”Instead, consider the unconscious impact of softer photos that depict smiling, friendly, open faces. These are faces you can trust. These are individuals you can imagine having a conversation with. These are people with whom you can feel comfortable sharing the difficulties that led you to search for a lawyer in the first place.

Similarly, consider language style and tone. You might assume that complex diction and abstruse construction will provide evidence of your intelligence and erudition. This approach, however, misses the opportunity to signal trustworthiness and likeability to your prospect, who is relying on his or her unconscious mind to make quick decisions about trust.

Contrast that with a more natural approach that employs matter-of-fact language and terminology. Consider the impact of a website that clearly signals caring, openness, kindness, strength and honesty through the use of emotional words. This type of content is more likely to motivate action, according to an analysis of 180 law firm websites conducted by FindLaw in 2010.

That study categorized the content of each site using three technical properties of tone: pitch (indicating mode of address) being either abstract or conversational, approach (indicating marketing style) as either subtle or aggressive, and language (indicating diction and syntax) as either formal or informal. Further, we grouped the sites into five topical categories based on the similarity of their target audiences.

We found that a conversational and relatively informal approach tended to be more highly correlated with conversion than a formal, informational tone. Interestingly, this bias toward
more friendly, understandable content was present across website types, including those targeted to a business-to-business audience.

KEY TAKEAWAYS:

  • Consumers want to do business with firms they sense are trustworthy and likable.
  • Law firms should work to attract consumers with images that present attorneys as likable, approachable and trustworthy, along with content that addresses laypeople’s core concerns in language they can understand

 

Motivator #8 — Selfishness:
Forget “what’s in it for me?” and answer the bigger question: “What’s in it for my potential client?”

A firm’s legal marketing website is a tool that can accomplish many things. It can promote the firm’s experience, capabilities, accolades and prestige. It can make the firm appear impressive to peers. In short, it can satisfy the ego-driven needs of the firm’s attorneys. This is the right approach if the firm values that outcome more than generating new leads, more cases and more billable hours.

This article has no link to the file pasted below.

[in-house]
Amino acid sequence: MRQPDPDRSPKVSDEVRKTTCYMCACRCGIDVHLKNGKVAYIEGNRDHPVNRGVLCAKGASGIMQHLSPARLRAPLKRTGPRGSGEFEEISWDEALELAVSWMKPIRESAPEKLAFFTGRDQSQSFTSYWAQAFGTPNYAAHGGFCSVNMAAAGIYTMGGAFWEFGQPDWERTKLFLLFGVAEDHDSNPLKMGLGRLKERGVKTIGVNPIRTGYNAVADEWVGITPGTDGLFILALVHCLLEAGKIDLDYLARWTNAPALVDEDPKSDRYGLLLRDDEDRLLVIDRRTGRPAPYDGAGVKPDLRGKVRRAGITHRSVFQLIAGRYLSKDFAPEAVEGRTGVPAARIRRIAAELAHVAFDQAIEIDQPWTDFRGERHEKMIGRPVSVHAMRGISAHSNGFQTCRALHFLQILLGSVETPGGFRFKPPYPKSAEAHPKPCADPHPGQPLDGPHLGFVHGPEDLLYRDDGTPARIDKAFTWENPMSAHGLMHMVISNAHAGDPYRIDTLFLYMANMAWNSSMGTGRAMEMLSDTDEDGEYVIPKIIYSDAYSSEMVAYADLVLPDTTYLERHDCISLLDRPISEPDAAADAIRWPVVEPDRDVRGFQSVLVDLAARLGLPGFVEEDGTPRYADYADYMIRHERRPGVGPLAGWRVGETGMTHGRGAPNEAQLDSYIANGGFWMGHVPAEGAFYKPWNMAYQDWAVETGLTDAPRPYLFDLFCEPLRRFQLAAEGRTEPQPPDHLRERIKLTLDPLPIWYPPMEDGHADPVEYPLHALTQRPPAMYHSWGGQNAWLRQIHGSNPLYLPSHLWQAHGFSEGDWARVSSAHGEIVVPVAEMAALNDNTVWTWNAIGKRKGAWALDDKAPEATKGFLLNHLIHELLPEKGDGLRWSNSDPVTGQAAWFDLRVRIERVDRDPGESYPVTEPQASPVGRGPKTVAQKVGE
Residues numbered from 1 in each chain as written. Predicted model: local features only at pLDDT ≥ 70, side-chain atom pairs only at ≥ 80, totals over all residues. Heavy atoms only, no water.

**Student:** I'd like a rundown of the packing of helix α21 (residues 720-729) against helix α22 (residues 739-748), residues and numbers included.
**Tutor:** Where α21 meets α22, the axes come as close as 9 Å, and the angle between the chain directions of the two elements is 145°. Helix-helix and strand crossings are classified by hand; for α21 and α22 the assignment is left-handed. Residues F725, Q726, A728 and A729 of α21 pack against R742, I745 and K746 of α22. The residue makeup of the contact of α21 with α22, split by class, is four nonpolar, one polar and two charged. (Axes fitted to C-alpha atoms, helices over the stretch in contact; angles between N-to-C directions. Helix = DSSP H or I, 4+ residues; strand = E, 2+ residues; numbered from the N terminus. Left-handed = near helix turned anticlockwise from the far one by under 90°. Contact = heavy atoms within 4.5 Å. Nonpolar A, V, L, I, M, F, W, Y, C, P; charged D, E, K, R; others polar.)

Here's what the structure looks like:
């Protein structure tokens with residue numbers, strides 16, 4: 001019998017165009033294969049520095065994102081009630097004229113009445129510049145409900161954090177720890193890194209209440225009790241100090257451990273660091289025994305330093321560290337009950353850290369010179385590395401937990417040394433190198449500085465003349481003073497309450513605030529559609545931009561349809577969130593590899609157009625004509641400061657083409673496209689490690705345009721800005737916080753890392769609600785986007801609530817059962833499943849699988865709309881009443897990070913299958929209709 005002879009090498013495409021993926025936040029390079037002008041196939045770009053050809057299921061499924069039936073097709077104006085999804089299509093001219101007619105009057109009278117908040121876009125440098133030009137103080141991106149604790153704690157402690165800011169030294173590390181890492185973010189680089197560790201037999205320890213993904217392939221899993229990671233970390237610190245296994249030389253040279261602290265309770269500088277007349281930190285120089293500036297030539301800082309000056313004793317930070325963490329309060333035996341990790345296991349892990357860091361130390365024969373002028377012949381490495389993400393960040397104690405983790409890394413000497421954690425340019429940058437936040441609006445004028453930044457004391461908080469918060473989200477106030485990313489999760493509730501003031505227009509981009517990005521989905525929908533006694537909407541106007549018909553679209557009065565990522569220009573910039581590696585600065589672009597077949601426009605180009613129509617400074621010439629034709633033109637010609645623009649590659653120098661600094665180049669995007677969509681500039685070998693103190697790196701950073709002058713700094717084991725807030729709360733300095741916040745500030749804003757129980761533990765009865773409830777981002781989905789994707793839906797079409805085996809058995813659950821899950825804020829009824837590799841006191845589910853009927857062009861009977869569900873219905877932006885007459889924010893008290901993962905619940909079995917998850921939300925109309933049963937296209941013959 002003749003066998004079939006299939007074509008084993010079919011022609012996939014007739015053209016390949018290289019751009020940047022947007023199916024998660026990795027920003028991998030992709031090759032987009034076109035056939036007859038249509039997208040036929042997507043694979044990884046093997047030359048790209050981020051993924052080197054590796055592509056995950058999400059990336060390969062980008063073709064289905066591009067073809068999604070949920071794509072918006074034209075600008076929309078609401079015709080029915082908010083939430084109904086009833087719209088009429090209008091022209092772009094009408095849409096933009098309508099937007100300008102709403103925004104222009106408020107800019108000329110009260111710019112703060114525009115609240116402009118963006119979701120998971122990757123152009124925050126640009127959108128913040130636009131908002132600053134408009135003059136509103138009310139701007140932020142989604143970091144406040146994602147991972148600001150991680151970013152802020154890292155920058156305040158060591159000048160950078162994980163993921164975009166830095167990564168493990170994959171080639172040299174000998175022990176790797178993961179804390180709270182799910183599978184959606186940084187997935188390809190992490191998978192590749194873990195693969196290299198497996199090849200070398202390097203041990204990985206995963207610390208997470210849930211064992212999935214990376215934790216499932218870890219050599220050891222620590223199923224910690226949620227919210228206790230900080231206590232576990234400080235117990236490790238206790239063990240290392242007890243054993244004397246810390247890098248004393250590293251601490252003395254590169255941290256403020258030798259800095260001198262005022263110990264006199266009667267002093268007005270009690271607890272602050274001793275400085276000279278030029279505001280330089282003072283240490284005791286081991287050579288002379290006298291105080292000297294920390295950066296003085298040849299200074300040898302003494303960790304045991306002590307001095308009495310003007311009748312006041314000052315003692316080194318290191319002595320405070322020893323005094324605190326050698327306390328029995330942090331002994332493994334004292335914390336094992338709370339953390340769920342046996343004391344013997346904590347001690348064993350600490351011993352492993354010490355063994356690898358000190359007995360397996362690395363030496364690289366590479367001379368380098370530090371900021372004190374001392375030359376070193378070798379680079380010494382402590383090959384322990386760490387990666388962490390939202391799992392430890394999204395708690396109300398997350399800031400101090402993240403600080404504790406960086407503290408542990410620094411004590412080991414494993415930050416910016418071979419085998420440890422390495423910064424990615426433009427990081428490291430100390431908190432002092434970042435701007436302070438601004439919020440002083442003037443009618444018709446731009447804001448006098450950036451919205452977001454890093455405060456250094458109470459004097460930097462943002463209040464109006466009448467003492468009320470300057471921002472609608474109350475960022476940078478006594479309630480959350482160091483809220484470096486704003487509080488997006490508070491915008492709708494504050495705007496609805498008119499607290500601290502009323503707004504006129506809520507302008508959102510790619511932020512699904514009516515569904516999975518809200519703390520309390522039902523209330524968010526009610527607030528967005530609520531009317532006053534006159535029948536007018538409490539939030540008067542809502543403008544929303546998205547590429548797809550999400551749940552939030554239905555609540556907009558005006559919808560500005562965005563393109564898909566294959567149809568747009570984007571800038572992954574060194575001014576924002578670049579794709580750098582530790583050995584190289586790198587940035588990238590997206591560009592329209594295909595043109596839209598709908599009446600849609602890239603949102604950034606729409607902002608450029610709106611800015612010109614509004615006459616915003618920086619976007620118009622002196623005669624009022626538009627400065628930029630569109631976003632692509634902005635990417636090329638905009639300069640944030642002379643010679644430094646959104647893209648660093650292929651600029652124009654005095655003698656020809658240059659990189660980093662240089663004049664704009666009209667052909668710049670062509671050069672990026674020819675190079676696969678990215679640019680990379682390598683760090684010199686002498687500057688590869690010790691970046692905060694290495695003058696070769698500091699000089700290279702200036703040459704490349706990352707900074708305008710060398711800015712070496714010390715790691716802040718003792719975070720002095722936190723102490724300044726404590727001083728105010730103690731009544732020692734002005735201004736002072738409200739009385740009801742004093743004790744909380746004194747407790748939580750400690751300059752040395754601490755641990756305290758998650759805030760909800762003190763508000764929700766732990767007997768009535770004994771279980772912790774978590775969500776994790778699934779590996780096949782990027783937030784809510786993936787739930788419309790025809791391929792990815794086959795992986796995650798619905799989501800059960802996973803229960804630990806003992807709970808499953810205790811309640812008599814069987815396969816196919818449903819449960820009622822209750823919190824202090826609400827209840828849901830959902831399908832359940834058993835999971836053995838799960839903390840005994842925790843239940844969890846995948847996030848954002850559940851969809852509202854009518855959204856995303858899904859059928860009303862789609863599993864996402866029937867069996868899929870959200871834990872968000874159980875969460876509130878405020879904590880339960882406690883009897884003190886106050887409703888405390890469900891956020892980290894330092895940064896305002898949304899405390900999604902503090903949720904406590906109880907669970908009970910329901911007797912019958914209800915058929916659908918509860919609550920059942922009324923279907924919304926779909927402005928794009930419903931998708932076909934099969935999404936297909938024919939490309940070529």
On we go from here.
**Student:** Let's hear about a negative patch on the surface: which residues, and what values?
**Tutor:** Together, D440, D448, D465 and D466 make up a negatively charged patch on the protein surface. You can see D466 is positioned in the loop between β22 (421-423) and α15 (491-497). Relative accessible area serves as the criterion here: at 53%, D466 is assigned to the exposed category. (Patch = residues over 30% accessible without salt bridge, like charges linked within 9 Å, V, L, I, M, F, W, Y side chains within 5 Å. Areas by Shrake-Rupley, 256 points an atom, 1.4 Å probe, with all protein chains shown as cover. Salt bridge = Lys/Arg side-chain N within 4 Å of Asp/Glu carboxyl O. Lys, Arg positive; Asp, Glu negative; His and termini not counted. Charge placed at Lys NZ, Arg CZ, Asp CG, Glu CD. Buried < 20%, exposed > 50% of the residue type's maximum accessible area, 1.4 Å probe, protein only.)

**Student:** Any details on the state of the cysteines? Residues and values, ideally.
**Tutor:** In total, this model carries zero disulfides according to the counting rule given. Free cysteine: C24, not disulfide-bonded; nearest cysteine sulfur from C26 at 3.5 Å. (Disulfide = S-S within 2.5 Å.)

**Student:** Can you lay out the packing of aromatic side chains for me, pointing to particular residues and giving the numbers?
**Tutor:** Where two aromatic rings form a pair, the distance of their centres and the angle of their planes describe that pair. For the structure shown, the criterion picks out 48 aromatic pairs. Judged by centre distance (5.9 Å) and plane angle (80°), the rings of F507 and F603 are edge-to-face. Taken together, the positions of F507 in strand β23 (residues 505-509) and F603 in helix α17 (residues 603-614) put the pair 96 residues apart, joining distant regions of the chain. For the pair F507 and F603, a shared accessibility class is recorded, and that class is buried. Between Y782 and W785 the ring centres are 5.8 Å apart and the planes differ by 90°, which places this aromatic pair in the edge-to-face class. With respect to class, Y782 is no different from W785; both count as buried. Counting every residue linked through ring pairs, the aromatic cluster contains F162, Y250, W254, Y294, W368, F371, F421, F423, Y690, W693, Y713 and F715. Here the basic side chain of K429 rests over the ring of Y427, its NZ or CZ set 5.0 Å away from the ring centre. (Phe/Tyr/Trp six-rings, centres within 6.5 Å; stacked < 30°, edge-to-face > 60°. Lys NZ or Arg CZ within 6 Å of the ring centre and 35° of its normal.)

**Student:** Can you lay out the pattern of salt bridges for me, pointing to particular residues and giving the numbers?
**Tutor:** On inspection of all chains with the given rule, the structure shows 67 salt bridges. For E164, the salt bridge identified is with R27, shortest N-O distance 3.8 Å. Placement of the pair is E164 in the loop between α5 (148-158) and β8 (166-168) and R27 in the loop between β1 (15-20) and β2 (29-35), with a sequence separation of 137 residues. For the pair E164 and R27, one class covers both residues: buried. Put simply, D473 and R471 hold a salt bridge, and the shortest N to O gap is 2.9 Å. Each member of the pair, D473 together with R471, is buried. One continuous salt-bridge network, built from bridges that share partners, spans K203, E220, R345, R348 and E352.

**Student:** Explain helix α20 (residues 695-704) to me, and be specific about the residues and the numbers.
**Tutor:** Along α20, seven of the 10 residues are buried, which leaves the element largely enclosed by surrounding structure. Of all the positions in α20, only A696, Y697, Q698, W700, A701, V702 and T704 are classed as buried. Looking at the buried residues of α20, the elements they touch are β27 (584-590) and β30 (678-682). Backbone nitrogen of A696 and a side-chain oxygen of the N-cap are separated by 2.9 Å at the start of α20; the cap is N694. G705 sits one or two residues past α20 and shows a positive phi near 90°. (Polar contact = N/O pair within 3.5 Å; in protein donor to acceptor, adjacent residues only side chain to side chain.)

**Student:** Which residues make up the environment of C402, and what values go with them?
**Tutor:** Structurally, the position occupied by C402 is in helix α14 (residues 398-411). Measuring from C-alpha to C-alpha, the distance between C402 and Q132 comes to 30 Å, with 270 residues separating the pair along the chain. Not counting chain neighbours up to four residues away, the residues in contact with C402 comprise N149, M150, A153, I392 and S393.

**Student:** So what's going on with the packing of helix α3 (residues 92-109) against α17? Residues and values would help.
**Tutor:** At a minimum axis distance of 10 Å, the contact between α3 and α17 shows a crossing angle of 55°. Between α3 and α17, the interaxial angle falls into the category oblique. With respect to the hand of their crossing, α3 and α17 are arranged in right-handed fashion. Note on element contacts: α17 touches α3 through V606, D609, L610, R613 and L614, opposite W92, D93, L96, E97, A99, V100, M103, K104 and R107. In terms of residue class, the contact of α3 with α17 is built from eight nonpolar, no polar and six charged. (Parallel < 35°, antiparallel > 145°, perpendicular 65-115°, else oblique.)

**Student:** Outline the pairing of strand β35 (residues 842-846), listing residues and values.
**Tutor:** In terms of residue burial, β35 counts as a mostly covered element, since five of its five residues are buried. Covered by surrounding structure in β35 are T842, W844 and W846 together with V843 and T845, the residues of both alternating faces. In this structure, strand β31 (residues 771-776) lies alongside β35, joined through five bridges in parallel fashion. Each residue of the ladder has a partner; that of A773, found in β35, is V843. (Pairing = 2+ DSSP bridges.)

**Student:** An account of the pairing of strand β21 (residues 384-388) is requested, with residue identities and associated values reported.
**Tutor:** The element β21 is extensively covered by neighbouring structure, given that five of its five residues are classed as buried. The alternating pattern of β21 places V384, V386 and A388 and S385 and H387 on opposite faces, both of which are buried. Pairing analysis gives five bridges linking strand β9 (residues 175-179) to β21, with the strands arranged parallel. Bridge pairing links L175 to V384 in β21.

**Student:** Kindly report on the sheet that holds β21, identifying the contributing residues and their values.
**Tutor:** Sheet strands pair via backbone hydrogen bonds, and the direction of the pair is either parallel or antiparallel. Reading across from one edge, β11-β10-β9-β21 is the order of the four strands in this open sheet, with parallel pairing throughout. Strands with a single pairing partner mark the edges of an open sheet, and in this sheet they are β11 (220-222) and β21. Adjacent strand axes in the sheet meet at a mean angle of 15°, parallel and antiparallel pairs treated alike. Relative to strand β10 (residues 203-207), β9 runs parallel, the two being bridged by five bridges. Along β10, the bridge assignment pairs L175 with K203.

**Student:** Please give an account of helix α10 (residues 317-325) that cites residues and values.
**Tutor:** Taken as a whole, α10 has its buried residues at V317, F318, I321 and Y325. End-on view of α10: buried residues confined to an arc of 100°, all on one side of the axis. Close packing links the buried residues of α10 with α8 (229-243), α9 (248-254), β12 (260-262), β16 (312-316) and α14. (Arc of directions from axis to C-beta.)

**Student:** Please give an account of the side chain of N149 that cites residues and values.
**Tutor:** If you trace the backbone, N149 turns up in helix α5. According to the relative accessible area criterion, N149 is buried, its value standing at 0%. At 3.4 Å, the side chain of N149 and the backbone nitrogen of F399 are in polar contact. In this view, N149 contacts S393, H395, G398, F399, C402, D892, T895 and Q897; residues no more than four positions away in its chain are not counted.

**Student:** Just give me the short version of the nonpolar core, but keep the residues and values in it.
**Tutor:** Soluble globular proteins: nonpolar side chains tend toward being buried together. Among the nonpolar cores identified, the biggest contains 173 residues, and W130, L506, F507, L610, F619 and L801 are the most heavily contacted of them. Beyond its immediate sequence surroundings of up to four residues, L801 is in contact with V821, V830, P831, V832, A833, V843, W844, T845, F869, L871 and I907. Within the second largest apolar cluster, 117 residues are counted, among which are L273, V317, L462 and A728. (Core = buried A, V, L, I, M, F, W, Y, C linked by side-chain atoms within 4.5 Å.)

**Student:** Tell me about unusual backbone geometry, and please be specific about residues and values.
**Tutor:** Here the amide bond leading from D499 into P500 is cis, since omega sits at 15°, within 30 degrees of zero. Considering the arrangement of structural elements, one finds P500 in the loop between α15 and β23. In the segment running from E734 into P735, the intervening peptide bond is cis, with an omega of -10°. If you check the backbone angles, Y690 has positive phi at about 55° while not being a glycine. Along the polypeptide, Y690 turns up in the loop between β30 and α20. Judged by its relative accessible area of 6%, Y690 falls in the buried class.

On the other hand, if conversion is a goal for the website, it’s important to focus more on your potential clients’ needs than your desire to look impressive to your peers. As much as you may expect a website to be designed to meet your own expectations, site visitors will not be convinced to take action unless their needs and
expectations are met there.

In short, when you approach a website design, you will almost certainly face a difficult choice: Are you building it for yourself? Or is your goal to drive business by motivating potential clients?

The latter approach will lead to higher conversion. If you make this choice — and we urge you to do so — you will need to carefully consider each design and content decision. It’s far too easy to start with the intent of designing
for your audience, only to let ego influence each decision.

Why? Because attorneys — like consumers — are motivated by self-interest. We say that not as a criticism. It’s a biological and psychological reality that you must address to maximize your website’s conversion potential.

Too often, attorneys motivated by self-interest fail to consider that the potential client’s interests must  dictate design and content decisions for a website to be fully optimized for conversion.

You must be vigilant to avoid allowing ego to color your decisions. Rather than instructing your website development team to focus on elements that stroke your ego, assist them by providing insight into your potential client’s
questions, concerns, fears and aspirations. Make it clear that you will be happy only if meeting his or her needs is at the heart of every content and design decision.

Visitors to your site will not be convinced to take action unless their needs are met there.